I have an idea for an RFID application. What’s next?
Many people learn about RFID and its capabilities and then think of a way this technology could benefit a business, personal, or real-world process. While RFID is useable in many types of applications, the feasibility – from either an application or cost standpoint – isn’t always there. This article walks you through the essential steps to find out if your application is RFID ready.
Step 1: What is the application?
There are two types of answers for this question – either a simple sentence answer, or multiple, paragraphs denoting specific details. While nether approach is wrong, all potential applications can benefit from spending time outlining and defining the application. Below are a few questions to consider before moving on to the next step. For more, in-depth questions, checkout Deploying an RFID System.
What problem are you trying to solve?
Who benefits from the success of this application?
How many assets/items need to be tracked?
Is there any metal or water interference?
What type of RFID is best suited for this application with regard to read range?
Do you have any specific requirements for the system (e.g. customer facing, high speed, software integration, etc.)?
Step 2: Is it Feasible?
When discussing feasibility, two distinct types should be taken into consideration – application feasibility and cost feasibility.
Will your RFID application solve the problem at hand while accommodating all the requirements outlined from Step 1? The core of determining application feasibility is understanding RFID as a technology and what it can and cannot do. In order to get a firm grip on RFID, study the basics as well as environmental issues that could arise.
An important part of deciding whether or not to implement RFID technology is understanding the potential cost and determining if implementing an RFID system will have a positive return on investment (ROI). The ROI gauges the success rate of an application. Even if the application is successfully implemented and functioning properly, it can still be labeled unsuccessful if the cost of the system and maintenance outweigh the ROI.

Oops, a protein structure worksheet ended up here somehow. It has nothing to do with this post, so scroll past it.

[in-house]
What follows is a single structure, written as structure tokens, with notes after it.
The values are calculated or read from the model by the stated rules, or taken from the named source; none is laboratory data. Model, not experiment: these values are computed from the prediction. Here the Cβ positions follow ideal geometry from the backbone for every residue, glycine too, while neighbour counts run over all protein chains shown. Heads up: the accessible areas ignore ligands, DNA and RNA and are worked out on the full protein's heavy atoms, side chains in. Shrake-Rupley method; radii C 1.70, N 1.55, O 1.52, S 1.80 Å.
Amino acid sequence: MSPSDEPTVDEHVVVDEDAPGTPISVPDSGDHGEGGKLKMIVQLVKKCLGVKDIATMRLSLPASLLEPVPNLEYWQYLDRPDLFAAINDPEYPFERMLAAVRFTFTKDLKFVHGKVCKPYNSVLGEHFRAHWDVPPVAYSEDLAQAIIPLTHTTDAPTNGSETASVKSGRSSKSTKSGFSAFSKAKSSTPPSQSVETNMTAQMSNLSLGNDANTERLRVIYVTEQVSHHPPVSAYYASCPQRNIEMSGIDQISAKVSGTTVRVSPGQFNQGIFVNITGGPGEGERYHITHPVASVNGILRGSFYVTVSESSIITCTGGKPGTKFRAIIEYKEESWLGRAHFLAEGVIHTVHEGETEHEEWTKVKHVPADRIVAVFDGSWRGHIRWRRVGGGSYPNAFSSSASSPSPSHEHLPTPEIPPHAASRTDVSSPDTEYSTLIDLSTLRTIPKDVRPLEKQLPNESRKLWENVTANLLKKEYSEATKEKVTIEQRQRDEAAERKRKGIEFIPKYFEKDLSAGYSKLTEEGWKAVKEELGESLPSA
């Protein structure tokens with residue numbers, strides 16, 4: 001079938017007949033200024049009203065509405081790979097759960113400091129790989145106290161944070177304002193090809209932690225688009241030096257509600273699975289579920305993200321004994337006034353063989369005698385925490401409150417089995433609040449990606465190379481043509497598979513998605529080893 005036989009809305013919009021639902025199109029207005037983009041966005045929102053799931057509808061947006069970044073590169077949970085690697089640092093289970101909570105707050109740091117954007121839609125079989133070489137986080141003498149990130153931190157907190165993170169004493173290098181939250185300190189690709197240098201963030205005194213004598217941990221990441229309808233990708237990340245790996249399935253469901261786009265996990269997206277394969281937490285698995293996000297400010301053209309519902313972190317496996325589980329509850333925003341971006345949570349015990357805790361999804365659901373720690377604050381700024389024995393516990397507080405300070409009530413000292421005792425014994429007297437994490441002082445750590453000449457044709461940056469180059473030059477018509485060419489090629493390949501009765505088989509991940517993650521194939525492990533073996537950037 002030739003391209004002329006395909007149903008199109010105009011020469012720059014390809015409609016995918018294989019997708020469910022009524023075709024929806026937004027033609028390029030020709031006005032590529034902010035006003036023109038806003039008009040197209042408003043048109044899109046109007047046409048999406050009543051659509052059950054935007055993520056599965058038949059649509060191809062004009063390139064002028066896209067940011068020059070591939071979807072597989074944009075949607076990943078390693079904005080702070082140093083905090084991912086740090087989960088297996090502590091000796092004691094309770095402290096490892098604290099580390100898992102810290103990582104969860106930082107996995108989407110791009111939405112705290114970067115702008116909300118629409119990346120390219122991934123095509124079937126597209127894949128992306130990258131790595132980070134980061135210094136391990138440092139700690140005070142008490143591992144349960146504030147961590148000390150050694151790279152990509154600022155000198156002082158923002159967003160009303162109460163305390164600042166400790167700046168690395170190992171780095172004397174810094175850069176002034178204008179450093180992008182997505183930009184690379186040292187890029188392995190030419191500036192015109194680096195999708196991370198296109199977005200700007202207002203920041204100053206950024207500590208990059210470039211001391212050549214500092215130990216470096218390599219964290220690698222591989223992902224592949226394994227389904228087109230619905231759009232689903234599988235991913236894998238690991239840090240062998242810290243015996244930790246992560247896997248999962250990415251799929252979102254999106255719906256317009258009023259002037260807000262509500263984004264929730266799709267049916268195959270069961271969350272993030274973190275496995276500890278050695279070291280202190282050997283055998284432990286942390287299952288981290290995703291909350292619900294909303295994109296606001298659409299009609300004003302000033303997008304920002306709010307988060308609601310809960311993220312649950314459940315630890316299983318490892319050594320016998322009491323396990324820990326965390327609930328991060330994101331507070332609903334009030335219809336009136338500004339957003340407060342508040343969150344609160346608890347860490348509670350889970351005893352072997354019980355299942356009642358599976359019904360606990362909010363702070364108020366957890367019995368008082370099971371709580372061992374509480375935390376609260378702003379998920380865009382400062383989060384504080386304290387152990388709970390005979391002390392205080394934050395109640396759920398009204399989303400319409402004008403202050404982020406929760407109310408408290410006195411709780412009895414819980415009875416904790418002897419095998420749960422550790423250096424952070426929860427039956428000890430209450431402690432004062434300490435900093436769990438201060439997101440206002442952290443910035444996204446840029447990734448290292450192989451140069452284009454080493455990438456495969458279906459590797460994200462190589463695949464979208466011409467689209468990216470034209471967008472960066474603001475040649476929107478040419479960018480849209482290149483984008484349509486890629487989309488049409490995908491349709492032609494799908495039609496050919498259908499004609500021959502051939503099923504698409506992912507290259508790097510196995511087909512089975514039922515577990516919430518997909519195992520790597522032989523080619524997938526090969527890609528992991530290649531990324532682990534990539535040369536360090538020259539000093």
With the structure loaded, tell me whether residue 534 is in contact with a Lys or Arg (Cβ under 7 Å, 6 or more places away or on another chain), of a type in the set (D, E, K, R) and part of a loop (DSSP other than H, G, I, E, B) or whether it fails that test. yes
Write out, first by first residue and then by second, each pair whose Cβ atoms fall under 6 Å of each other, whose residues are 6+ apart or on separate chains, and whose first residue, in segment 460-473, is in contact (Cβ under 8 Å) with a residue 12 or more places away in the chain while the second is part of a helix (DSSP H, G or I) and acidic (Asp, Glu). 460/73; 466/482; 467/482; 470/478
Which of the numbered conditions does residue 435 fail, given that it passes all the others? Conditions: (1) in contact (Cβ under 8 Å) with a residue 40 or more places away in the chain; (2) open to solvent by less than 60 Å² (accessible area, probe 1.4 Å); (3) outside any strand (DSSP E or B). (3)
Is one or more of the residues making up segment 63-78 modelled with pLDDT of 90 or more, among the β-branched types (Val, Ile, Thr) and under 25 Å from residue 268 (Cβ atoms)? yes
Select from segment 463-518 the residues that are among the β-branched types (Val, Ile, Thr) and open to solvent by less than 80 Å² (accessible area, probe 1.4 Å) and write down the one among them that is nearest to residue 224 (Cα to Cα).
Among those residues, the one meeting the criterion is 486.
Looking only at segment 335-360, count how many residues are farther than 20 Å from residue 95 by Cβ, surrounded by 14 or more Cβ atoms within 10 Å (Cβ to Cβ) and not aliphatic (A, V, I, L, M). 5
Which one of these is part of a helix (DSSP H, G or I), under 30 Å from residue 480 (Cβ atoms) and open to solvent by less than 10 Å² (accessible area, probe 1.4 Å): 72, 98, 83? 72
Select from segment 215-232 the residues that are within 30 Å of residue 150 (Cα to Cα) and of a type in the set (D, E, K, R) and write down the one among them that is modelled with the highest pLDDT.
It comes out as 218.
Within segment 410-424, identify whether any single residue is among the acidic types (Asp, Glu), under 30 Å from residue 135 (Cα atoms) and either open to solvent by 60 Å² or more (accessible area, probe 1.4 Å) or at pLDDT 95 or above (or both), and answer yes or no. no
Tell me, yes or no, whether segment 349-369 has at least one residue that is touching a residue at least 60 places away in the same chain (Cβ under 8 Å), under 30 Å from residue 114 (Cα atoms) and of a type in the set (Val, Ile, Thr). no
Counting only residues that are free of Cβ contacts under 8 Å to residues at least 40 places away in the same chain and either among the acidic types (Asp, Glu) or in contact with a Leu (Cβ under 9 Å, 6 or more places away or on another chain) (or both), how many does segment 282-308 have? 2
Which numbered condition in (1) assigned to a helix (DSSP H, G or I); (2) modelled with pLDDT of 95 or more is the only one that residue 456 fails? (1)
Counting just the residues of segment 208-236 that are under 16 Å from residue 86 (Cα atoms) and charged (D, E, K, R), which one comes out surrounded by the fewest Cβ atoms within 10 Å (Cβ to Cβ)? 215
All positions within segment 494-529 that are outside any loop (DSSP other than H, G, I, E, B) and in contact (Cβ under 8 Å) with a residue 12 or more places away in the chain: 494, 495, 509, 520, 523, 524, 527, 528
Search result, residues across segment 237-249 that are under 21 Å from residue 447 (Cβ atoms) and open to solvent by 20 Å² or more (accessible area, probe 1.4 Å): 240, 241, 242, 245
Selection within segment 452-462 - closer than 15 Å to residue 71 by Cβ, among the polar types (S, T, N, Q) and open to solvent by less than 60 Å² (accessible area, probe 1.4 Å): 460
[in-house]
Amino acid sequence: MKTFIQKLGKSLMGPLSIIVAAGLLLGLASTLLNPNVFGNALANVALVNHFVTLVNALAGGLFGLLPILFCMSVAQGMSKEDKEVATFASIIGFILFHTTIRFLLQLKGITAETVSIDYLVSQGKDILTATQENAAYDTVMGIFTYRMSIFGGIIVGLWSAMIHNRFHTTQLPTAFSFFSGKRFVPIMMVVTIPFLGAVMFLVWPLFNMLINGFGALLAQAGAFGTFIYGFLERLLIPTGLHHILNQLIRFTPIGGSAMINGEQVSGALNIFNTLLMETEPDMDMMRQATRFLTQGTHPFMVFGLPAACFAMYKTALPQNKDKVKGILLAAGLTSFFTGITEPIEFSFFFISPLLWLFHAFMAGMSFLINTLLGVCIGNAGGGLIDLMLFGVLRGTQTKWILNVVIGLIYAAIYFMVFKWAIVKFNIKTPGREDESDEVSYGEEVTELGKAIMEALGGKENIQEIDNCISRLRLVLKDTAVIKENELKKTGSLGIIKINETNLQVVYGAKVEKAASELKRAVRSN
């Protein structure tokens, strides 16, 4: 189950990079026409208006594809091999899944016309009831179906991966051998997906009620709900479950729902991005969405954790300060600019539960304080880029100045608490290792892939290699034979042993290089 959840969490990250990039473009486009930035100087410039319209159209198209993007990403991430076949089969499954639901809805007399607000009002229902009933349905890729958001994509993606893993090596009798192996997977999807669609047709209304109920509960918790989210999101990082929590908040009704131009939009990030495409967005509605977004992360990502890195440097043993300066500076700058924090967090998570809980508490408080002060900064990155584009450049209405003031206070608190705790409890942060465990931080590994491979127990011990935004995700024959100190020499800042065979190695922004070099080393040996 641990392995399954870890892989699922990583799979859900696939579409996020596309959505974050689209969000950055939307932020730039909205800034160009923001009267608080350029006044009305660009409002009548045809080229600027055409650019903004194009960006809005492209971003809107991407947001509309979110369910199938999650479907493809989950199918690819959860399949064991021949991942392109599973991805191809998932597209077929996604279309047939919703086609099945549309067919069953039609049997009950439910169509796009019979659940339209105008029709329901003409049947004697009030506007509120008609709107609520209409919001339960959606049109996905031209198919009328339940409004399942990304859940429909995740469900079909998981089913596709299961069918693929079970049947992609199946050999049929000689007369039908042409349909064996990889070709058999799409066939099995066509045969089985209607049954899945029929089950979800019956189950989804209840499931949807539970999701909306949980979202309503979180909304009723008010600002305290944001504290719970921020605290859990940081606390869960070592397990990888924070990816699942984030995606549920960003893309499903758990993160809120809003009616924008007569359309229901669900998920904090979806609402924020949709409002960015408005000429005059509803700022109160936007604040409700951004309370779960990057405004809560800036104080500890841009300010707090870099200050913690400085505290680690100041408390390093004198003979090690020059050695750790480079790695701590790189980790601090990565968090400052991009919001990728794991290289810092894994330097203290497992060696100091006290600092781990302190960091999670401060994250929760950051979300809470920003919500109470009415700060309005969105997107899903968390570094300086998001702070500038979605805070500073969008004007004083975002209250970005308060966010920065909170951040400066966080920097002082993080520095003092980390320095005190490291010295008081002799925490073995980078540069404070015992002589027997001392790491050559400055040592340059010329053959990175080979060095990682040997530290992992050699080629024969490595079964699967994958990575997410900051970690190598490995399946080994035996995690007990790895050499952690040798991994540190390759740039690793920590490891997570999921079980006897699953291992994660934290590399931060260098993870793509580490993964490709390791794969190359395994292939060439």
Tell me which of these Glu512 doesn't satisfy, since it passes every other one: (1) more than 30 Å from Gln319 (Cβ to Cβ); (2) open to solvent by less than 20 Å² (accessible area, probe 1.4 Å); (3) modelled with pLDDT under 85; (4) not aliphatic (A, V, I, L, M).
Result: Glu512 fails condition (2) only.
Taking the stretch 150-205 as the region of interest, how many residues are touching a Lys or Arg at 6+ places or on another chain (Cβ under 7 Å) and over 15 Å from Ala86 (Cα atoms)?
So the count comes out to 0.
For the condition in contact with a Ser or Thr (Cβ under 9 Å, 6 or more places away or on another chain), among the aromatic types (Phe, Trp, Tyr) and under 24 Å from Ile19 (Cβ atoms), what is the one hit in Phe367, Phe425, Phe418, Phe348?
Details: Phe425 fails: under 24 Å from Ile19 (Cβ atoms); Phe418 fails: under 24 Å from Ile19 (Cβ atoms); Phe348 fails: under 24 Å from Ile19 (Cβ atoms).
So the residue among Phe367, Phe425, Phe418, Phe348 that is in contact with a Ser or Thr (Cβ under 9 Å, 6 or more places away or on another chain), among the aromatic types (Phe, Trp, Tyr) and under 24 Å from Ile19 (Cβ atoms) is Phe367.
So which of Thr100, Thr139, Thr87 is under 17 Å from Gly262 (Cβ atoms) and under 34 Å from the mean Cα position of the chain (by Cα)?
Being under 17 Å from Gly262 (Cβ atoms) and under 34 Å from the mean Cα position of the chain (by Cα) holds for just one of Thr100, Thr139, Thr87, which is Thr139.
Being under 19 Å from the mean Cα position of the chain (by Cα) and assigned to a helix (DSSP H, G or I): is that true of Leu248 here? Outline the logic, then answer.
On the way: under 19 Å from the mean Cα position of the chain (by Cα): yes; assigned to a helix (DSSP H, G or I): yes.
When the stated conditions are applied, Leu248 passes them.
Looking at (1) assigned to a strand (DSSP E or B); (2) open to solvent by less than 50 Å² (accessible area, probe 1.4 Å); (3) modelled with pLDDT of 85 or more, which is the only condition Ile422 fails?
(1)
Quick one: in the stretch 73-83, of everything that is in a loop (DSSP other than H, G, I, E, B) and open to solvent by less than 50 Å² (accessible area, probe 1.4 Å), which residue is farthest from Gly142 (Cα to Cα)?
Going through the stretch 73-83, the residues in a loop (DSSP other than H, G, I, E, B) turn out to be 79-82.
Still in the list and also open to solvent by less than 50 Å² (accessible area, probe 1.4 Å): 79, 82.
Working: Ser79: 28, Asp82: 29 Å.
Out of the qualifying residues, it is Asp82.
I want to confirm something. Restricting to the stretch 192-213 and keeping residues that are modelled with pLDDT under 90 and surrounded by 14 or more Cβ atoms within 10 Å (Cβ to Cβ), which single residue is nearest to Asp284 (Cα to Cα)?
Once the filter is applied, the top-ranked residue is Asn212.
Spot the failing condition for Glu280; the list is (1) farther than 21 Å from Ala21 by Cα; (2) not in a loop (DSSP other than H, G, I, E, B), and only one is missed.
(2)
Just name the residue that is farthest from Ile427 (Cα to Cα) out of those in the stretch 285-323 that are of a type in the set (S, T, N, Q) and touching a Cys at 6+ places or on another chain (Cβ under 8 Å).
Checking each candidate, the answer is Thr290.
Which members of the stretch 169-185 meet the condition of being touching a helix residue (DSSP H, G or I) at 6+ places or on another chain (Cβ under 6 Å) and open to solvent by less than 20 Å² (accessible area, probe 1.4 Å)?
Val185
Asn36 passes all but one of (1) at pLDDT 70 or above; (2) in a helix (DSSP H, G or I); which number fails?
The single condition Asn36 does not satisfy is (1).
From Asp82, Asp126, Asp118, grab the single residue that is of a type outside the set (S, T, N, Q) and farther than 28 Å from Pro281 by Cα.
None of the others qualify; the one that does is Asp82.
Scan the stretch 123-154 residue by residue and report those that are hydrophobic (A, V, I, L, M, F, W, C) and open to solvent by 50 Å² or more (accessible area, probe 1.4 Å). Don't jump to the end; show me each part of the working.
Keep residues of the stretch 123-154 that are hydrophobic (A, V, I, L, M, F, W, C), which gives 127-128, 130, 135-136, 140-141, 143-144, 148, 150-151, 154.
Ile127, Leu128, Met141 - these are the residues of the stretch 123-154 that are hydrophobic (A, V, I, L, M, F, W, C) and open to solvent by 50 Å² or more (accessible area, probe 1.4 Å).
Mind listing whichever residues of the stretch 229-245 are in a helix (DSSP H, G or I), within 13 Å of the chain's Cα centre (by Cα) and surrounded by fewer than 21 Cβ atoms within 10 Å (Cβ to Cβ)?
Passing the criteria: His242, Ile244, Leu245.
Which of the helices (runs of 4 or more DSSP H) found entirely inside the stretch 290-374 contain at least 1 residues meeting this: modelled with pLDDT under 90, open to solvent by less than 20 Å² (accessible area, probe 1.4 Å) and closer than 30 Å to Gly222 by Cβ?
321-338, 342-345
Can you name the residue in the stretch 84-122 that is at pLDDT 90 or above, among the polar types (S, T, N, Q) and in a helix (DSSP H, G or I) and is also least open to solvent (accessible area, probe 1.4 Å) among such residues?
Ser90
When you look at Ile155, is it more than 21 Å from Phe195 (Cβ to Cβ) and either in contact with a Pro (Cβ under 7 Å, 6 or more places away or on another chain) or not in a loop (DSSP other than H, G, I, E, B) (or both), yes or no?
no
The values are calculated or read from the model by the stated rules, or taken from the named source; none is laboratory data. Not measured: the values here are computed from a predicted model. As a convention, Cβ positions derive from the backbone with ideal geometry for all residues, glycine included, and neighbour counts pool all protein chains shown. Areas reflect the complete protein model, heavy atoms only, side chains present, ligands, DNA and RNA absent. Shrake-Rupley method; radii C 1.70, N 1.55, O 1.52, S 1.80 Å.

Before moving to the next step, analyze the potential cost of hardware, tags, software, on-going support, etc. In order to do this as accurately as possible, learn about each aspect of a system as well as the cost of components to produce a cost analysis of the system. If the cost analysis is too high and doesn’t look like it will justify the ROI, ask for advice and accurate ranges from a company that sells RFID equipment or software. It may be possible that RFID might not be the best fit for the application.
Step 3: Talk to an RFID Professional
At any stage in the RFID process, discussing an application’s feasibility or ROI is highly recommended. Not only is RFID a relatively new technology, but some systems can have a higher price tag than others depending on the features and requirements. Don’t hesitate to discuss the application and get feedback from someone in the industry that has hands-on RFID experience. RFID professionals can help to save money and time as well as recommend the best course of action for the application. Consider them a resource.
Step 4: Testing